The Northern Territory (NT) government has announced a new renewable energy scheme which will see rooftop solar PV customers transitioned off the existing premium feed-In tariff (FiT) in favour of a standard rate, a move which is expected to cost an estimated 13,000 customers up to $12 million collectively.
In the countdown to next week’s Budget announcement the NT government on Friday outlined planned changes to government-owned electricity retailer Jacana Energy’s existing premium FiT system.
From 1 July 2022, customers on the electricity retailer’s premium FiT (26.65 cents per kilowatt-hour) will transfer to the standard rate of 9.13 cents per kilowatt-hour after four years – the average time the government estimates it takes to recoup the initial investment costs of a rooftop solar system.
In a statement, the government said the premium FiT, which closed to new entrants in April 2020, was “originally designed to incentivise Territorians to install solar at a time when the industry was in the early stages of development and installation costs were high”.
“Since that time, costs to install solar have drastically declined,” it said.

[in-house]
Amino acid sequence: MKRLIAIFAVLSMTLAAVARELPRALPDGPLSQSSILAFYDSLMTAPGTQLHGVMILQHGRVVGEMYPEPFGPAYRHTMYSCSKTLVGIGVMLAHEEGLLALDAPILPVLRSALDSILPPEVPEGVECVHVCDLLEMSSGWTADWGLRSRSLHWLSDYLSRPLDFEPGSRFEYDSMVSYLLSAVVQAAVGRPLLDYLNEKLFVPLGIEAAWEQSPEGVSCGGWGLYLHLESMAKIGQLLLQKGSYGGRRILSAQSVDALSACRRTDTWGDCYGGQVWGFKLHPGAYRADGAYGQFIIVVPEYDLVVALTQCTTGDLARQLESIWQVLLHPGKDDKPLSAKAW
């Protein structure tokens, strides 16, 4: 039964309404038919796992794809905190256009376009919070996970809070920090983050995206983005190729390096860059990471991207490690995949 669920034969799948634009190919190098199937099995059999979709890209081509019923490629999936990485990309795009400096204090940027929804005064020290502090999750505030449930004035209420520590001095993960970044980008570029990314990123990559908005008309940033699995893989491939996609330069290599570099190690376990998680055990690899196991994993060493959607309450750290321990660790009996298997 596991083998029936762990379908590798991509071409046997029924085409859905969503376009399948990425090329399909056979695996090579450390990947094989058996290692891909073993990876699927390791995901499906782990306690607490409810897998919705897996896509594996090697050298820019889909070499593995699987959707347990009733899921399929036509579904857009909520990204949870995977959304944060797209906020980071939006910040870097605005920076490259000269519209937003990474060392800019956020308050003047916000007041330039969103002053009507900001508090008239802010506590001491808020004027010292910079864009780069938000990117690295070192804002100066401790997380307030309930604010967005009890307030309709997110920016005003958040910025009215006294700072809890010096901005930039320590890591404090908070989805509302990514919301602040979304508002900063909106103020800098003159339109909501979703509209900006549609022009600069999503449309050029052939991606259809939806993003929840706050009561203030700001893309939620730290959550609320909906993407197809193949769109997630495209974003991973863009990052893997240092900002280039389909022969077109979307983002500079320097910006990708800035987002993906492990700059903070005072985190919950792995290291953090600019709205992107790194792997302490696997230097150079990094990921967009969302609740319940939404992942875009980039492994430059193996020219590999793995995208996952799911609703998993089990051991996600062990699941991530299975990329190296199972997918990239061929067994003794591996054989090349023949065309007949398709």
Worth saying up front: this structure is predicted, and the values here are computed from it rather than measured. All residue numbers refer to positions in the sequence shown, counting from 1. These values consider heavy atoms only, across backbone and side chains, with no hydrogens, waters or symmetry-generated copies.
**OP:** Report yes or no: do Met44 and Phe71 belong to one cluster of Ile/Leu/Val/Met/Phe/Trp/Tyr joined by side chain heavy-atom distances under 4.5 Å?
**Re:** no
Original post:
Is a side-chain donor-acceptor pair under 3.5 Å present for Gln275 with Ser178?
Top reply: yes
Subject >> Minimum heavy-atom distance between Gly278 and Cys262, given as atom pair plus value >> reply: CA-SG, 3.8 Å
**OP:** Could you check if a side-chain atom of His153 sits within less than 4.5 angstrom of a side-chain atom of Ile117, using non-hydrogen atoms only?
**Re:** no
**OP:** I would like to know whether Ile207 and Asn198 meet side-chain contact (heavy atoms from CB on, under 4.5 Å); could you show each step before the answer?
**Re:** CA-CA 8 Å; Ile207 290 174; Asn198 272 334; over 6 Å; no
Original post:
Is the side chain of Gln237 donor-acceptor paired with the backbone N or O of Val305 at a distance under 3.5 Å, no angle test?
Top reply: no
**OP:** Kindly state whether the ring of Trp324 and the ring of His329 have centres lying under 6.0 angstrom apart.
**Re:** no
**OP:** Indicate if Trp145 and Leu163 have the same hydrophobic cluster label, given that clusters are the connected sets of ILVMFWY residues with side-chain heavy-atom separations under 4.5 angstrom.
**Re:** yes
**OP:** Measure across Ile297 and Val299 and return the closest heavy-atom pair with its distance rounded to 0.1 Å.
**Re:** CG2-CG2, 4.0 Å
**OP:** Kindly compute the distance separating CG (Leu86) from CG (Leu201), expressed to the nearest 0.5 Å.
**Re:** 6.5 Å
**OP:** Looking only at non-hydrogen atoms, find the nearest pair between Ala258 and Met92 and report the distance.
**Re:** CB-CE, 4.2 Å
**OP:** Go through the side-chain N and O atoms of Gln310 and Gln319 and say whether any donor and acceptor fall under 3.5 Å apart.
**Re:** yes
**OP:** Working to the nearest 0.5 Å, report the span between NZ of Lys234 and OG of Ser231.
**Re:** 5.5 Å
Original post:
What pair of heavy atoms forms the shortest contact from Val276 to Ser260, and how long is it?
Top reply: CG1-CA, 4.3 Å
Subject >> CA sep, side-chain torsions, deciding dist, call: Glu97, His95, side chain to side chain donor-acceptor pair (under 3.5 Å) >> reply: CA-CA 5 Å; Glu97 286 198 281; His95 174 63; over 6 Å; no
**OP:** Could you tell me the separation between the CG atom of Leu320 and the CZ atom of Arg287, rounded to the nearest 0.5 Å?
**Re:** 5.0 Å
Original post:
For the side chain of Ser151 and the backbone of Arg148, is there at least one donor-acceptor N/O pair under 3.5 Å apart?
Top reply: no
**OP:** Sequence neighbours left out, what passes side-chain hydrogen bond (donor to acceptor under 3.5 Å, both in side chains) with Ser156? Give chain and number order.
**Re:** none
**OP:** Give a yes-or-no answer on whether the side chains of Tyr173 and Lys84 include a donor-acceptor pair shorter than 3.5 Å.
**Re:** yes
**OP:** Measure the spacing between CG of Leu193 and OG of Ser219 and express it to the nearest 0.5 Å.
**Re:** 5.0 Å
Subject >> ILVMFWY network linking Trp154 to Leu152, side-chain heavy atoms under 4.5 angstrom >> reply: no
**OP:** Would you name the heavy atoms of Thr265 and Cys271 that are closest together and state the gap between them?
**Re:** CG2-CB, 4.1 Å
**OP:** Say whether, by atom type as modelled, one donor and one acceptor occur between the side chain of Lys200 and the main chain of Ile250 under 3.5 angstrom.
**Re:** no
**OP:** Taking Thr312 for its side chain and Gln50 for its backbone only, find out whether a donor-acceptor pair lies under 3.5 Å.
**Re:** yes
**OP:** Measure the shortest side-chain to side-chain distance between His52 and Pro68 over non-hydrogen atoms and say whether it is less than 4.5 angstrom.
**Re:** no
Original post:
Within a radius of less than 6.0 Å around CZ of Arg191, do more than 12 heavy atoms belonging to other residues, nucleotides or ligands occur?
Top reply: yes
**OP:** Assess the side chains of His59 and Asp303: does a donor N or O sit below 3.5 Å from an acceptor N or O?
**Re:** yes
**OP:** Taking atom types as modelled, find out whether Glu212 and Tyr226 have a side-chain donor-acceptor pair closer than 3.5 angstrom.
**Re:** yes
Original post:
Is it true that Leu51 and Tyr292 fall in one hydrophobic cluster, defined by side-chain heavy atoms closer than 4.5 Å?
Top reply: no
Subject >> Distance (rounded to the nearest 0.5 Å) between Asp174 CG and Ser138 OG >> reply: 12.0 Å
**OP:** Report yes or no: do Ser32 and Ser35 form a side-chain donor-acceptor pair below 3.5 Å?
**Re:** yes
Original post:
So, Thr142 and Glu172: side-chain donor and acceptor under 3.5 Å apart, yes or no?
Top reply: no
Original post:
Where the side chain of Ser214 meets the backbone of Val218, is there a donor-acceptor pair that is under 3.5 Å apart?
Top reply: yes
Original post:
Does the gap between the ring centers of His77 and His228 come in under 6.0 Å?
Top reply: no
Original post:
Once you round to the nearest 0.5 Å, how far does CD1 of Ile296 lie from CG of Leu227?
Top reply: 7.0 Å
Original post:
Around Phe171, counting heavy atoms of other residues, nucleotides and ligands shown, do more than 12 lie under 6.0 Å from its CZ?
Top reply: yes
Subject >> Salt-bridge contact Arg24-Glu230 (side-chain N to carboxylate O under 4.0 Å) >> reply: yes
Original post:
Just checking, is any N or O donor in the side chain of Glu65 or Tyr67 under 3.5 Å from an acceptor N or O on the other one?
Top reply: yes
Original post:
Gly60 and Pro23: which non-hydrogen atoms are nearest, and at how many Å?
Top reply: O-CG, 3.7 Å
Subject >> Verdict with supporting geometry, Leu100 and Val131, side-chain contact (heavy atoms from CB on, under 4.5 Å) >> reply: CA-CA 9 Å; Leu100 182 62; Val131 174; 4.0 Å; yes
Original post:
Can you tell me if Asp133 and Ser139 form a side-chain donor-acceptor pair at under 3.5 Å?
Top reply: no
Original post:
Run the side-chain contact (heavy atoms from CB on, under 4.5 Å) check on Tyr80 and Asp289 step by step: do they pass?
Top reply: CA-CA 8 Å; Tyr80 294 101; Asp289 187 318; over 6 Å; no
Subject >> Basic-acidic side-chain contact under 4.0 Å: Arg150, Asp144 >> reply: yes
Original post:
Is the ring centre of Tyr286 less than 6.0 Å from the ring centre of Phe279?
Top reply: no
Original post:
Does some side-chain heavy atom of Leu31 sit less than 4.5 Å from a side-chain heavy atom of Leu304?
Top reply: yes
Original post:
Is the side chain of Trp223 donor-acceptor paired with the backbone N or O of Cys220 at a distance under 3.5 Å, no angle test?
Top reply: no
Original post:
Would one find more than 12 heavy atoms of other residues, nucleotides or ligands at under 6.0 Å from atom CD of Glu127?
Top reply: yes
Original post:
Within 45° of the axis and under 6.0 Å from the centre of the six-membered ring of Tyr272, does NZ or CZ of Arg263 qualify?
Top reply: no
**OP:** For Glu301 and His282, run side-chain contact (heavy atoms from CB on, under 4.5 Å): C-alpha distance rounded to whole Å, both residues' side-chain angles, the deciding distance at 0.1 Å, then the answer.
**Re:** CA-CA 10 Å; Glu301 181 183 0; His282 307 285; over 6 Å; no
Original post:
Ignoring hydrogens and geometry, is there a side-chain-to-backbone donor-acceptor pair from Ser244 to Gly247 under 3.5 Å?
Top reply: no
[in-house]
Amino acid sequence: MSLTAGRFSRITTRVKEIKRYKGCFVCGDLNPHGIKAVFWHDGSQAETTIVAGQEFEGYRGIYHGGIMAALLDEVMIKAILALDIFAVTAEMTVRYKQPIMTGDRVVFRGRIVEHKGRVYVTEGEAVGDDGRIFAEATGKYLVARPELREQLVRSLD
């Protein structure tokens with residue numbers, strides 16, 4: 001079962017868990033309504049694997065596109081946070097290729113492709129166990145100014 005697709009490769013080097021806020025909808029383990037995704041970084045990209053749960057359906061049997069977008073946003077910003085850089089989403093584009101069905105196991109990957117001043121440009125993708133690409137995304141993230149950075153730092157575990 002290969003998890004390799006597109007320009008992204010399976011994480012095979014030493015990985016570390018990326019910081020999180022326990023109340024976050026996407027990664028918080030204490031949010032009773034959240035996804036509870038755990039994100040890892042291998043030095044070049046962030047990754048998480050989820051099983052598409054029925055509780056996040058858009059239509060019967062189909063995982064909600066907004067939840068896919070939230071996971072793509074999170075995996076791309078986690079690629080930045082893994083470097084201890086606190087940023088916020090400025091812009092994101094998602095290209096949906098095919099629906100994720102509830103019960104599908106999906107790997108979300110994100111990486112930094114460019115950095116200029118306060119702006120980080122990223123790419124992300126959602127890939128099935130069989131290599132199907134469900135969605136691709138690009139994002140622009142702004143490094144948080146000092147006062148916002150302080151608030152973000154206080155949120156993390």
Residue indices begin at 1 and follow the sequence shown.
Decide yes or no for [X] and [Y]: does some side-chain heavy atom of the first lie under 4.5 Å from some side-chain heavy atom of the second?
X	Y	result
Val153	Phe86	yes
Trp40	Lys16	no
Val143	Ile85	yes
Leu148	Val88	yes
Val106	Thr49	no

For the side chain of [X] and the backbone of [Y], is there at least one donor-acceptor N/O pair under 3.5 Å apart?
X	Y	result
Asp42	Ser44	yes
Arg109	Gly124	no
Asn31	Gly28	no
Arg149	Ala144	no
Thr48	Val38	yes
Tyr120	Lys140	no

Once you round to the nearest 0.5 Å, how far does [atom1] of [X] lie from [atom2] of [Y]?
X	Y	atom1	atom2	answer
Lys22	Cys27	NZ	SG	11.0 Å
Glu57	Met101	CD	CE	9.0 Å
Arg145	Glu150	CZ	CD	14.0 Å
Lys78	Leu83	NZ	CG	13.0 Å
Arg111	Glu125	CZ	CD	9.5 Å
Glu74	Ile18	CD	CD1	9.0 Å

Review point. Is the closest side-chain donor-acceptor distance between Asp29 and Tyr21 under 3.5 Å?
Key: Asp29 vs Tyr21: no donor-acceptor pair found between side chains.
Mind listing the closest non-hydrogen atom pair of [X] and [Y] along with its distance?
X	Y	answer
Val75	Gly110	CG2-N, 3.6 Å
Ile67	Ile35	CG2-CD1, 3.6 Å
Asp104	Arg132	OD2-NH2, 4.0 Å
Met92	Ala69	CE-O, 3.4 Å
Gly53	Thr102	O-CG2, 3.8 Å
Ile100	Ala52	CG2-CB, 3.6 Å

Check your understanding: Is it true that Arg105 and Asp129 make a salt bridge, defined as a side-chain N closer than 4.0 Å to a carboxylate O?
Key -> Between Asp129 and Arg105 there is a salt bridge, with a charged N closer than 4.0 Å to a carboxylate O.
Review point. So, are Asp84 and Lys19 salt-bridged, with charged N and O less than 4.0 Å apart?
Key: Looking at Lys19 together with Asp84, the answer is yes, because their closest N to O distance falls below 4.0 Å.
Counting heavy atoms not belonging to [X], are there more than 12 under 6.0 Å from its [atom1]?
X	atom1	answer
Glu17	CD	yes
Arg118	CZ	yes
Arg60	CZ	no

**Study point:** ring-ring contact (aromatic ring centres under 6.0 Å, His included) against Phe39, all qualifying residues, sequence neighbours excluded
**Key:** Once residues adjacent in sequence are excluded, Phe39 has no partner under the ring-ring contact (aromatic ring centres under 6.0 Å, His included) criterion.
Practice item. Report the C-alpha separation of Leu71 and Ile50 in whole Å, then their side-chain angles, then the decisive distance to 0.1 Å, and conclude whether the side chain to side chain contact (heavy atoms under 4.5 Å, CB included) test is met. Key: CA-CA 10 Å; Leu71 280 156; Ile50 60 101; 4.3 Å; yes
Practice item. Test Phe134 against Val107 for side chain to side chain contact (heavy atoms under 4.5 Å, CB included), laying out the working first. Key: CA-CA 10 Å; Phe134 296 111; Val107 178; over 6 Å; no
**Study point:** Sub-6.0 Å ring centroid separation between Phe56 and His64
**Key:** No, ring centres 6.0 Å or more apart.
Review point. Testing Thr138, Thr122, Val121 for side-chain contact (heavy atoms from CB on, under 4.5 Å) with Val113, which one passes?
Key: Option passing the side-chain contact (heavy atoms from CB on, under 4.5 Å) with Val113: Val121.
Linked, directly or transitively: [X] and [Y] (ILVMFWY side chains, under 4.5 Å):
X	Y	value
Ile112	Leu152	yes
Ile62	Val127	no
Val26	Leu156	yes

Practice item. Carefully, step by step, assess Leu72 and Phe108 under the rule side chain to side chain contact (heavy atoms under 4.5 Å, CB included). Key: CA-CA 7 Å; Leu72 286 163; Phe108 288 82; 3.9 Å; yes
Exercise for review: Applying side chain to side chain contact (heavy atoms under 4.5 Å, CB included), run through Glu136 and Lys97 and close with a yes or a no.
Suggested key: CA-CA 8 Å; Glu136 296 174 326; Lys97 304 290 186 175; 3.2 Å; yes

Renewables and Energy Minister Eva Lawler said the new measures will save the government $12 million annually, which she said will be reinvested into other clean energy initiatives, including community batteries and virtual power plants (VPPs).
“It’s about making sure that we have fairness and equity across all of our solar customers,” she said. “We want clean and affordable power for all Territorians. Budget 2022 sees the Territory focus on renewables – supporting our grid and reaching our 50% target by 2030.”
Lawler said the changes to FiT will be done progressively to ensure customers on the premium rate have realised significant savings during the time they have had solar installed.
Meanwhile, the NT government has confirmed that its Home and Business Battery Scheme will continue with a further $2.4 million allocated in the Budget to extend the scheme in 2022-23.
This is expected to enable more than 400 additional Territory households and businesses to access the program which provides Territory homeowners and businesses with assistance to purchase a battery to suit their needs with a grant of $450 per kilowatt hour of battery system capacity, up to a maximum grant of $6,000.
Lawler said more than 1,330 Territory households and businesses have already submitted applications, with more than 1,000 applications worth $6 million approved.
“We want Territorians to have access to the latest and best technology as we build a stronger and more resilient power system for Territory households and businesses,” Lawler said.
“Extending the Home and Business Battery scheme is one way this government is creating stability in our grid and creating more jobs for Territorians.
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